Kinder Morgan Energy Partners, L.P. (NYSE:KMP) operates as a pipeline transportation and energy storage company in North America. The partnership is a member of the dividend achievers index, as it has managed to boost quarterly distributions for 16 consecutive years. Over the past decade, Kinder Morgan has managed to boost distributions by 8.20%/year. The partnership operates over 75,000 miles of pipelines as well as 180 terminals.
Its main business activity involves transporting commodities, such as oil and natural gas, for third parties, such as oil and gas companies, for a fee. In essence, Kinder Morgan operates a toll-based business, which generates stable fee revenues, without having exposure to fluctuating commodity prices. The volumes of oil and gas transported in the U.S. are very stable, and move by only a few percentage points per year. In addition, as the U.S. is experiencing a boom in shale-gas production, there is a greater need for transporting carbons in the country. Companies like Kinder Morgan are in a great position to capitalize on this opportunity, with its pipelines in Marcellus Shale, Eagle Ford, Haynesville and Barnett Shale.
The partnership is operated by Kinder Morgan Inc (NYSE:KMI), which is the General Partner. The general partner has an incentive distribution rights to 50% of distributable cash flows over certain amounts, as well as 11% of the partnership. As a result, future distributions growth might be limited at the limited partnership level, but much higher at the general partner level. In a previous article, I mentioned that there are three ways to invest in Kinder Morgan through general partner, limited partner and LLC interests.
Kinder Morgan's CEO, Richard Kinder, owns 24% of the general partner interests in the partnership, and receives an annual salary of $1/year. As a result, since most of his net worth is invested in the partnership, he has the incentive to deliver solid results to unit holders in terms of distributions and total returns. It is rare in corporate America today to see management and shareholders' goals align as closely as they do at Kinder Morgan. The other major company that comes to mind where top management has a large stake includes Warren Buffett's Berkshire Hathaway (NYSE:BRK.A).
As a master limited partnership, Kinder Morgan is a pass-through entity. This means that it does not pay taxes at the corporate level. Instead, each unit holder pays their portion of Kinder Morgan's income, net of any deductions. Each year, unit holders receive a K-1 form that describes their share of income, and how to report it on their tax returns. In general, for the first 10 years or so, new unit holders generally do not pay taxes on their distributions, as they are classified as "return of capital" for tax purposes. While this creates a slightly more challenging tax return than the typical dividend paying stock, any serious do-it-yourself investor or investor with an average CPA should be able to handle this aspect. Taxation also makes investing in Kinder Morgan Partners slightly more challenging in deferred retirement accounts such as ROTH IRAs. Luckily, the option to acquire I-shares of Kinder Morgan Management (NYSE:KMR) exists, which pay distributions in the form of stock. As a result, unit holders do not receive any cash, and their distributions are viewed in the eyes of the IRS similar to stock splits. This means that unit holders of Kinder Morgan Partners, who invest in I-Shares such as KMR, do not have to file any information with tax authorities regarding the shares they received as distributions from KMR. The only item that has to be reported would be the taxable event of a sale. Currently, KMR trades at a discount to KMP, which is why a lot of investors have chosen it over the partnership units.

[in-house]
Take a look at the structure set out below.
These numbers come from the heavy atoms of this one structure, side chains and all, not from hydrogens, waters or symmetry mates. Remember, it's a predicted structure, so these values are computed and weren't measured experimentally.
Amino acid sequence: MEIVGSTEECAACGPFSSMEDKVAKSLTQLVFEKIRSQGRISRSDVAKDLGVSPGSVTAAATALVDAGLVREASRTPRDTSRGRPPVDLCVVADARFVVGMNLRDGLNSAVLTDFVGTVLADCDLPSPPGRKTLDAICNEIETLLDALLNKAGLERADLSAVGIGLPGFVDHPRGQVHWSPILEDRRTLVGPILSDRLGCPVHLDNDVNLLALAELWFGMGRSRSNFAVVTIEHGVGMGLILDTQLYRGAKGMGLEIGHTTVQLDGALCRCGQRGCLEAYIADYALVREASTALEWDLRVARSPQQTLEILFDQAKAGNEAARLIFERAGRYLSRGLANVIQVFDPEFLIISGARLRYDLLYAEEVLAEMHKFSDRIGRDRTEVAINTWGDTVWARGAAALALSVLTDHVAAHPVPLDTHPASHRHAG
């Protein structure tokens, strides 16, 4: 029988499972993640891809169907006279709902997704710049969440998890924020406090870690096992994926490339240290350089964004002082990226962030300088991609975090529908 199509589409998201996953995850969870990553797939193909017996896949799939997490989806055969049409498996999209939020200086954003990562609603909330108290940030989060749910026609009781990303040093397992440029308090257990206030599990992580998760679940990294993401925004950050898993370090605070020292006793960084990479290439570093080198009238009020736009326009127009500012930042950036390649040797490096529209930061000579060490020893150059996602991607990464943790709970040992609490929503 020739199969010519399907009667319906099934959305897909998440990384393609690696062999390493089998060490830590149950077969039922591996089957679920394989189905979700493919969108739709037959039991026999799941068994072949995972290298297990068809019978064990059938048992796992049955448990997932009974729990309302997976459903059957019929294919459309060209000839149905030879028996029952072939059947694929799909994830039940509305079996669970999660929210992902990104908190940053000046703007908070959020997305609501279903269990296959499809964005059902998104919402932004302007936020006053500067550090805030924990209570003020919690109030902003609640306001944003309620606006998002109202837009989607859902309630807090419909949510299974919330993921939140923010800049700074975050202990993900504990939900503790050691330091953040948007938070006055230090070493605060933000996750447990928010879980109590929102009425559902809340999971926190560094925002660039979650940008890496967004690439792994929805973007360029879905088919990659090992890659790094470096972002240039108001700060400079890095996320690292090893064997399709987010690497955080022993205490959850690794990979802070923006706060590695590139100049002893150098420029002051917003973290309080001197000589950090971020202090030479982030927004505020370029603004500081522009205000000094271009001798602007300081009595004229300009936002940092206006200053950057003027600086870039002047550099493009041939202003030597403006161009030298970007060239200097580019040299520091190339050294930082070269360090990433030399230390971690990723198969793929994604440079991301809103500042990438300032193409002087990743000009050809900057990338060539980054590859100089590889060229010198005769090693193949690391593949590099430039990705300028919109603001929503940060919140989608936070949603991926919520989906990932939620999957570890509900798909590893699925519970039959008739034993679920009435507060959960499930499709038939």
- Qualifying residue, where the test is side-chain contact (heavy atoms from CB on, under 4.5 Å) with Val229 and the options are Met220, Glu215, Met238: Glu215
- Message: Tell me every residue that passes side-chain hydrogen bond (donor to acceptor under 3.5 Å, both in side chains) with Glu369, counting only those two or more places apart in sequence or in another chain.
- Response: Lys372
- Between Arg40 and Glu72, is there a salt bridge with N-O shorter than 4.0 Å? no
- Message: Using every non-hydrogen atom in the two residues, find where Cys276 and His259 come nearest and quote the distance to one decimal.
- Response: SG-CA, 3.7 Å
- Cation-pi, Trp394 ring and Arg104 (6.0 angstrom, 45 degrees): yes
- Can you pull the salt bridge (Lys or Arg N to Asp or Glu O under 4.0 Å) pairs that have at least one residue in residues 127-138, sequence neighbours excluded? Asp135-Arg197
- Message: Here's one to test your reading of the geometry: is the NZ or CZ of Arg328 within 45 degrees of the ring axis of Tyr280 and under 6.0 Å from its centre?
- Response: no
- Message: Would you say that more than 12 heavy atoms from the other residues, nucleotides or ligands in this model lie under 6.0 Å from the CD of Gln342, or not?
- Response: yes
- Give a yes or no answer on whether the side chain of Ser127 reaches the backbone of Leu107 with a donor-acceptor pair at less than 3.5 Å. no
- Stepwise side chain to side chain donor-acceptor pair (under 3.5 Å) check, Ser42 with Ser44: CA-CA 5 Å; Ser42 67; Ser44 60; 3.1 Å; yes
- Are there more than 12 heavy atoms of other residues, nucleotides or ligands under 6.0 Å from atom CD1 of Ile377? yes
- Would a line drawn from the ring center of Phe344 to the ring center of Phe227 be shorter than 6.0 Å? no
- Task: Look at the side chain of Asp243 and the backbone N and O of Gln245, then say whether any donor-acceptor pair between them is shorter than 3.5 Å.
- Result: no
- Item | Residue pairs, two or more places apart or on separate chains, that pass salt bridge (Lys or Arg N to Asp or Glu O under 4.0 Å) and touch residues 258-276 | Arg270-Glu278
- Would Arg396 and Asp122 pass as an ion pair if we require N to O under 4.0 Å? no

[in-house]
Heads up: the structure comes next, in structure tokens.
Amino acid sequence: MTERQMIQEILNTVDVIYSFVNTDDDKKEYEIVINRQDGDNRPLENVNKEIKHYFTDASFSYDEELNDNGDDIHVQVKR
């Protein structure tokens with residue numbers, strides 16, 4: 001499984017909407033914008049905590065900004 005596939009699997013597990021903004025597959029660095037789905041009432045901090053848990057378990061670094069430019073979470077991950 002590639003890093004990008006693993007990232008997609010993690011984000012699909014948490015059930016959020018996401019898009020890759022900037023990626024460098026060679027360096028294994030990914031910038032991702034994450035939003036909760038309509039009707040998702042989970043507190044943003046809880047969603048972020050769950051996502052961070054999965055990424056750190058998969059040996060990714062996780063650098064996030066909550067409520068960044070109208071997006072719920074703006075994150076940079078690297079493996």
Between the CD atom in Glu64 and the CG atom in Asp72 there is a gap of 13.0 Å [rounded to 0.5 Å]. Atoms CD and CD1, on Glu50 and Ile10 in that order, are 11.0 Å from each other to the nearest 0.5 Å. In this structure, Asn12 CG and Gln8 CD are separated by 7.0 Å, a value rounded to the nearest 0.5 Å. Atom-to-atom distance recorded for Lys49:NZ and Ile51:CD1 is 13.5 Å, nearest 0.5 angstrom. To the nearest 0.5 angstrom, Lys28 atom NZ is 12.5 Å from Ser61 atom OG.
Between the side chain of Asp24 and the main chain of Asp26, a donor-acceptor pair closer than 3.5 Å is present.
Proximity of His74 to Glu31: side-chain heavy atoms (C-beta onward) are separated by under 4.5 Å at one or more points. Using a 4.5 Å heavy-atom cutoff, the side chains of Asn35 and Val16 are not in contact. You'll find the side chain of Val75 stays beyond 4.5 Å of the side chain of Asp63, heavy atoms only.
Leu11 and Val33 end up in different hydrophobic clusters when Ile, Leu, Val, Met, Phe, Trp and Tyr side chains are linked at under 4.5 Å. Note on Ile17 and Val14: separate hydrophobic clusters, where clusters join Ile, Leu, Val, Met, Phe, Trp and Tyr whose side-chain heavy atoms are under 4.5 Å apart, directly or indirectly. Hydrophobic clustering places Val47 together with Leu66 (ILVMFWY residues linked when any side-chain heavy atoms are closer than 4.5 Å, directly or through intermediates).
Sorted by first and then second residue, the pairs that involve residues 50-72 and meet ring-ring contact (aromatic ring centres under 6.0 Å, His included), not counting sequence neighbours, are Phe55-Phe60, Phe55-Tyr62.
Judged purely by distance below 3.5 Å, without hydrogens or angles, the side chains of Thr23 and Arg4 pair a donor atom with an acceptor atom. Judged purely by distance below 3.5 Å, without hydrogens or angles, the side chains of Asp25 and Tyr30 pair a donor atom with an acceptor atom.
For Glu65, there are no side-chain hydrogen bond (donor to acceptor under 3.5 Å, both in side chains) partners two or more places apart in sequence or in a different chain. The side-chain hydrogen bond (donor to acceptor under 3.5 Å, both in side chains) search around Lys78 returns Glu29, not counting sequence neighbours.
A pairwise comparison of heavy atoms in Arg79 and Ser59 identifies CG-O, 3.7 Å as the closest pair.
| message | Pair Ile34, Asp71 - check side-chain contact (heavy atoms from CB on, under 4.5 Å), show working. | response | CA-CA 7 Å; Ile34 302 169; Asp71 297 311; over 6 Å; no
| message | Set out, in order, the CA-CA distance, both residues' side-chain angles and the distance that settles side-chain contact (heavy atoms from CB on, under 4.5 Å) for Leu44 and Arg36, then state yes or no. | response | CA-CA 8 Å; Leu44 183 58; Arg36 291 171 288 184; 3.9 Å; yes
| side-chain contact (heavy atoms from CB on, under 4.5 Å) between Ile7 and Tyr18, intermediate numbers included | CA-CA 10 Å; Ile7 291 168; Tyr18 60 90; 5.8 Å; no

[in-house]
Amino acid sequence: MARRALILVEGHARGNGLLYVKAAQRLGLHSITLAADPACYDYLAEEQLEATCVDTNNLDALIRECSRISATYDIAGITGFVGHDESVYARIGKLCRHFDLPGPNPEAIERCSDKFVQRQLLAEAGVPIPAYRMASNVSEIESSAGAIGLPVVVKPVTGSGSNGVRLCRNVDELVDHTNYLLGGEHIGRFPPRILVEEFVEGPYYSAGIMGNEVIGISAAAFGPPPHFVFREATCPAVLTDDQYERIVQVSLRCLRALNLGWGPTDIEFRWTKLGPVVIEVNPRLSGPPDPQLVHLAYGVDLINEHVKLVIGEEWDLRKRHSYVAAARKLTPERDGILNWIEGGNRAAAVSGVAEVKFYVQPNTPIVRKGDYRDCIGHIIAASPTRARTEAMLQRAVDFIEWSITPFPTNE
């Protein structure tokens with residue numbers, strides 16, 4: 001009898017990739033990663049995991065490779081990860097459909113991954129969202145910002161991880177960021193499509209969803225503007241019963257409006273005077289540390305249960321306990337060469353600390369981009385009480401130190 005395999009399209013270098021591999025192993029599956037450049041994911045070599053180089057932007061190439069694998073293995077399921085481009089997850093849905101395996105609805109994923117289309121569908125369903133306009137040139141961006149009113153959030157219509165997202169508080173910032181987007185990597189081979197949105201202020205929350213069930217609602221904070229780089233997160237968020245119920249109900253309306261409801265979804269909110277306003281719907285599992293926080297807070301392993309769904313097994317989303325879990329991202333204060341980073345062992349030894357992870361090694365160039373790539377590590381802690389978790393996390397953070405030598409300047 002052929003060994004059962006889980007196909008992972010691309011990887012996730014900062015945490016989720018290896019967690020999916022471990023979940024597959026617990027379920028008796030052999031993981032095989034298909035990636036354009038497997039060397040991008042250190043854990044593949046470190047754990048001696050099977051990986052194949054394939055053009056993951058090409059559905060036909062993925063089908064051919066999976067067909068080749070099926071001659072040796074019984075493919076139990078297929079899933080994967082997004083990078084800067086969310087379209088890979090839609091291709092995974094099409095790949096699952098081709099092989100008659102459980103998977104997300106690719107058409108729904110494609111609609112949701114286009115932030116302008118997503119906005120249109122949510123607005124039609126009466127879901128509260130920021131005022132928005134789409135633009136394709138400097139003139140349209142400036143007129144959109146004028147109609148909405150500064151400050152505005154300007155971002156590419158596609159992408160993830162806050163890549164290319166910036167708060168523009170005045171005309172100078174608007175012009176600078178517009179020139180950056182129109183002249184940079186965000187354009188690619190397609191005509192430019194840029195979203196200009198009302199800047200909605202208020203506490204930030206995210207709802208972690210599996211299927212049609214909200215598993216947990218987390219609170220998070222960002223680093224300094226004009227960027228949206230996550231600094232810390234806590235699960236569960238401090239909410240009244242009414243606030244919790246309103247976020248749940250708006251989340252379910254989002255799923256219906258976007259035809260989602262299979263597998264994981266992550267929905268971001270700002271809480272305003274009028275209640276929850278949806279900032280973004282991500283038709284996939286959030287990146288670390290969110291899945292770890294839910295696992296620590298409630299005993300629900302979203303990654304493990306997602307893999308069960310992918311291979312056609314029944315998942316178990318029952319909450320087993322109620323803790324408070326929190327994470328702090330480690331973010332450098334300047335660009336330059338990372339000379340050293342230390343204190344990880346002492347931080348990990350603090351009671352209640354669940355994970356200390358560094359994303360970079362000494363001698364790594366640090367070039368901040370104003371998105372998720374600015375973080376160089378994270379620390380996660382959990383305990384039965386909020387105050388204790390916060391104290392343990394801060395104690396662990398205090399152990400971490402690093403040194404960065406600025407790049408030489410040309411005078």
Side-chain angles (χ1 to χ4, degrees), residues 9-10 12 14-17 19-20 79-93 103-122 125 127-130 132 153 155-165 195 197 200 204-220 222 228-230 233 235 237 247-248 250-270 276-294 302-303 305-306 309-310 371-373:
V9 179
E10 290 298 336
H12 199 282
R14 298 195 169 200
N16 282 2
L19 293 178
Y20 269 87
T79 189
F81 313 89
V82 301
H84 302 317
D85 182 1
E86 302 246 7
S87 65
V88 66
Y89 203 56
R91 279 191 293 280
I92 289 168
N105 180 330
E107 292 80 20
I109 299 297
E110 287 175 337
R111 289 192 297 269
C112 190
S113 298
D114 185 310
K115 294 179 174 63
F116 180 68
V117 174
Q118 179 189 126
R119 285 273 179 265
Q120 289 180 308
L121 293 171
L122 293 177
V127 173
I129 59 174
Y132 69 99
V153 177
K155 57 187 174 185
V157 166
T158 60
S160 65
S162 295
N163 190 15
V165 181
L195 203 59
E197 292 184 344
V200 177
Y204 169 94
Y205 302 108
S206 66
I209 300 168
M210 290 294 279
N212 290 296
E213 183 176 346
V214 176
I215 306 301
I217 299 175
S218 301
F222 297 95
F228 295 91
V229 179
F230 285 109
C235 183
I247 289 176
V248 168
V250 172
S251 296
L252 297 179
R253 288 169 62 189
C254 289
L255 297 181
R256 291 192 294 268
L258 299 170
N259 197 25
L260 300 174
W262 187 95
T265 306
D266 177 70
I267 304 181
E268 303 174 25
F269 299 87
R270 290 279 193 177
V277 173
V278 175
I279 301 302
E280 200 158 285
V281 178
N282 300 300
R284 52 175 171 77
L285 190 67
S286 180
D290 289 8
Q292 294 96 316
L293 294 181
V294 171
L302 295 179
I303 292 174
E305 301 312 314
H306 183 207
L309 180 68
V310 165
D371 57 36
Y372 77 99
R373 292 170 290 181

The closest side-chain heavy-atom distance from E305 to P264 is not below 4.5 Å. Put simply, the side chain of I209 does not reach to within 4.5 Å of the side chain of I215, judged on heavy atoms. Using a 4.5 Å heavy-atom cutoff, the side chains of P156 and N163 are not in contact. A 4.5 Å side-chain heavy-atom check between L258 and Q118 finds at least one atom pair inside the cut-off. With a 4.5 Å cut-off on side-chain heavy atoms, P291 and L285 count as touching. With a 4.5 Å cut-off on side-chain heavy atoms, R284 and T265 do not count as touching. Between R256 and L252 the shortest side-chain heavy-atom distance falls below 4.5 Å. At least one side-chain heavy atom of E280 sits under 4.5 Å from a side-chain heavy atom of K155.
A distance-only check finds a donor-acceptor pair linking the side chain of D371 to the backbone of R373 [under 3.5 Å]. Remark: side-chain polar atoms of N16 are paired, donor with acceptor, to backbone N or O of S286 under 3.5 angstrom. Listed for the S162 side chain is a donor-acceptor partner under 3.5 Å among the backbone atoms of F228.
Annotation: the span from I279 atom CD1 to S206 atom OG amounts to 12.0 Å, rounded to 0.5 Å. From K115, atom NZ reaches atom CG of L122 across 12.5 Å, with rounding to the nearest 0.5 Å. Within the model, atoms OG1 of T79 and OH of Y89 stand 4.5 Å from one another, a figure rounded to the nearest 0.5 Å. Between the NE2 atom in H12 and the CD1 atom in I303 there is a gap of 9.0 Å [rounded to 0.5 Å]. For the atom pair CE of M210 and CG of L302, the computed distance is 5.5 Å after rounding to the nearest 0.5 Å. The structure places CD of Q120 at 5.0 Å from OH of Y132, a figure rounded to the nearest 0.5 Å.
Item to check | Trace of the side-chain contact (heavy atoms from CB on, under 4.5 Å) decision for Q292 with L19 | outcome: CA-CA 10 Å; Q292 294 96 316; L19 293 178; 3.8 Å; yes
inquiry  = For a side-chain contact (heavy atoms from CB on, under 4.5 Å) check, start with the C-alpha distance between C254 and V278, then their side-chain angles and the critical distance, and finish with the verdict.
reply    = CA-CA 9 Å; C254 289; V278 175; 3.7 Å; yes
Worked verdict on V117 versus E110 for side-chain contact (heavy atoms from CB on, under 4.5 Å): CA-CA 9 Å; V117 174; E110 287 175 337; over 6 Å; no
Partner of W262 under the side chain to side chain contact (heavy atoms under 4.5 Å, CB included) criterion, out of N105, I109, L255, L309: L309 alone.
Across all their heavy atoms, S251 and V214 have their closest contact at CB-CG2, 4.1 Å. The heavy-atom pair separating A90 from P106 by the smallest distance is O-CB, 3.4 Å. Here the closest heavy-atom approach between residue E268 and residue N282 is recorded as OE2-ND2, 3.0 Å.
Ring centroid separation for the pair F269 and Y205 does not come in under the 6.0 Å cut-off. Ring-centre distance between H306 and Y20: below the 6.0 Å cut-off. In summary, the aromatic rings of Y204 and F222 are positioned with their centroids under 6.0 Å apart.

This being said, Kinder Morgan does have the distributable cash flows from its vast portfolio of fee generating assets to pay for its generous partner distributions. For the first six months of 2012, Kinder Morgan had Distributable Cash Flow of $2.44 unit, while it paid out $2.36/unit. In 2011, DCF/unit was $4.68/unit, and the partnership distributed $4.61/unit for the year.
Future distributions growth could come out of the $10 billion in capex that the partnership plans to invest over the next five years. Projects in the pipeline include $4 billion for the Transmountain Pipeline expansion, as well as expansions in the company's Natural Gas and Products Pipelines expansions. As the General Partner plans on becoming a pure play GP by 2014, there will be expected drop-downs of assets to Kinder Morgan Partners, which would fuel future distributions growth as well. The Parkway Pipeline is another major project in the Southeast U.S., which is expected to come online in 2013 and be accretive to distributable cash flow per unit. Another driver of growth could include tariff increases, as well as organic growth in oil and gas delivered. A third driver of growth could include strategic acquisitions. The acquisition of El Paso in 2011 will lead to Kinder Morgan Partners to acquiring several projects. This, in turn, has increased the expected growth in distributions per unit from 5% to 7% in the foreseeable future.
One of the risks for the partnership includes interest rate risk. For every one percent move in interest rates, interest expense fluctuates by $55 million. If interest rates start to increase, that could affect distributable cash flow per unit, as new projects would be more expensive to build.
Disclosure: I am long KMI, KMR. I wrote this article myself, and it expresses my own opinions. I am not receiving compensation for it. I have no business relationship with any company whose stock is mentioned in this article.